Haley McClory and Stanley P. Kowalski
University of New Hampshire, School of Law, International Technology Transfer Institute (ITTI)

Horses indigenous to East and Southeast (E/SE) Asia, including native, landrace, feral, and wild populations, embody valuable genetic diversity. Conservation efforts for animals have largely been driven by humane altruism, with little consideration for the information value of genomes. Yet, if horses are viewed as archives of information as well as objects of affection, their conservation shifts to a market-based paradigm. Horse genetic resources (GR) likely contain significant value to the lucrative global horse industry, including veterinary applications such as diagnostics, therapeutics, genetic markers, gene therapies, and cloning technologies. As biotechnology becomes increasingly sophisticated, mining of horse GR will accelerate, thus facilitating identification, inventorying, bioprospecting, and commercialization of genetic information. Yet, establishing a value chain that balances equitable compensation for commercial applications while promoting conservation of horse populations remains a challenge. Recommendations presented here include establishing regional and national human resource and institutional capacity (competent national authorities), that catalog eco-geographical inventories of horse GR; monitor, manage, market and direct equitable value chains from horse to genetic information to commercial products; and ensure revenue flow back to support conservation. This system will foster market incentives to build capacity for sustainable conservation of the diverse horse populations of E/SE Asia.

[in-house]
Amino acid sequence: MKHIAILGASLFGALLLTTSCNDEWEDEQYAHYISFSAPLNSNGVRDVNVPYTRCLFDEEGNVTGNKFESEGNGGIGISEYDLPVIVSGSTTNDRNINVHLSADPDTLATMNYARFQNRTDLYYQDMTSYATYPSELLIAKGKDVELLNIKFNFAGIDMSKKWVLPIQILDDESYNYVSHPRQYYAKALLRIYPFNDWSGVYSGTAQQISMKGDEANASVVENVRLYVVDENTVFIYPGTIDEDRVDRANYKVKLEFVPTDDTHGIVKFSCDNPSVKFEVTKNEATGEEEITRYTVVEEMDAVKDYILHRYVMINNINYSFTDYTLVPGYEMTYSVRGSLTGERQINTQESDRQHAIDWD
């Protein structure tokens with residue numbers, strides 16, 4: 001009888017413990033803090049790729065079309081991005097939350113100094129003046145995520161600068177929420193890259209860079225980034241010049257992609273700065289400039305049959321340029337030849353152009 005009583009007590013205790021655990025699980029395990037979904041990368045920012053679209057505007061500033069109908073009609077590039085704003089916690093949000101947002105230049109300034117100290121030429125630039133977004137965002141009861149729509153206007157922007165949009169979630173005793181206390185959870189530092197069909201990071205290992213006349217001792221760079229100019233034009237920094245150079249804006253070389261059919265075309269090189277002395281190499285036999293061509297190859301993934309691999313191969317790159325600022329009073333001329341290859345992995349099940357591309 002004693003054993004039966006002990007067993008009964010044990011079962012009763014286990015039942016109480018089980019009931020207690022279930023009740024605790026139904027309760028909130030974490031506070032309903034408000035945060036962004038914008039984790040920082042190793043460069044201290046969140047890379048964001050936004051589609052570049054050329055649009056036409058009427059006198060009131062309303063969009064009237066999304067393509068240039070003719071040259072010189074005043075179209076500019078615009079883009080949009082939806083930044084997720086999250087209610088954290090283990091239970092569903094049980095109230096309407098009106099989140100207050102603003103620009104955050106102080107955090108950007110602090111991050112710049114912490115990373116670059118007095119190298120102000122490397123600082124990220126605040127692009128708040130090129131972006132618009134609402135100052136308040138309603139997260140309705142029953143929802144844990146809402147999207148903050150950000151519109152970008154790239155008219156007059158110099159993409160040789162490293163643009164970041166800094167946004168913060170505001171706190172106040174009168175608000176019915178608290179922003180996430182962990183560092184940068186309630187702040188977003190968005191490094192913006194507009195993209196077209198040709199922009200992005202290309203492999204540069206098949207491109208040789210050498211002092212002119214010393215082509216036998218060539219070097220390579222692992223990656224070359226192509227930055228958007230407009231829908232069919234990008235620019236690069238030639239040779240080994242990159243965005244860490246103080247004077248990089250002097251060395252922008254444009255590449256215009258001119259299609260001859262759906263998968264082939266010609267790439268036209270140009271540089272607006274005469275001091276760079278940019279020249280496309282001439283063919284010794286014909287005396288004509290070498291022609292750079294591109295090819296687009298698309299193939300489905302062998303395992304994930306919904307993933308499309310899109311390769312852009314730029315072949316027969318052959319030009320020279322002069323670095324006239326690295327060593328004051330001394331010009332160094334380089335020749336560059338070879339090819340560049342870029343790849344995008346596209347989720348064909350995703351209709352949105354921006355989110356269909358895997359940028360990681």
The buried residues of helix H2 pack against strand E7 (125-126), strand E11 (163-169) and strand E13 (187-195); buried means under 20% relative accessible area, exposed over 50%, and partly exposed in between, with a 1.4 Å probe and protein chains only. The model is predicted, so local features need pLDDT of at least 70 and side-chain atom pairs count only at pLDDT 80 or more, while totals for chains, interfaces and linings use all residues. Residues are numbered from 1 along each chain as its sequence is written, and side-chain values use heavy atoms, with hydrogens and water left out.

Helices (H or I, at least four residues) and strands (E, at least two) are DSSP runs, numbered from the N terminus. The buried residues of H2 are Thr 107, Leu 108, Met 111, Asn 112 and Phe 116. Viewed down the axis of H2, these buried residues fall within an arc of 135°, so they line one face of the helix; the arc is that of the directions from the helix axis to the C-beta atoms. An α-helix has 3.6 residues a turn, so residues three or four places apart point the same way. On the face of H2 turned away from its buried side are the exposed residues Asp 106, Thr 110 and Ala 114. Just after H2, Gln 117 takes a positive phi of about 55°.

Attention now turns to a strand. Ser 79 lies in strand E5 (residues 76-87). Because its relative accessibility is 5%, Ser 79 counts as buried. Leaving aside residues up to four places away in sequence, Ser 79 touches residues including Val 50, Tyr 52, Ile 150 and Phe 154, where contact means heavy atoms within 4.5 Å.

Key words: Access and benefit sharing, biodiversity, biotechnology, bioprospecting, capacity building, developing countries, Convention on Biological Diversity (CBD), genetic resources, horse, intellectual property, Przewalski’s horse.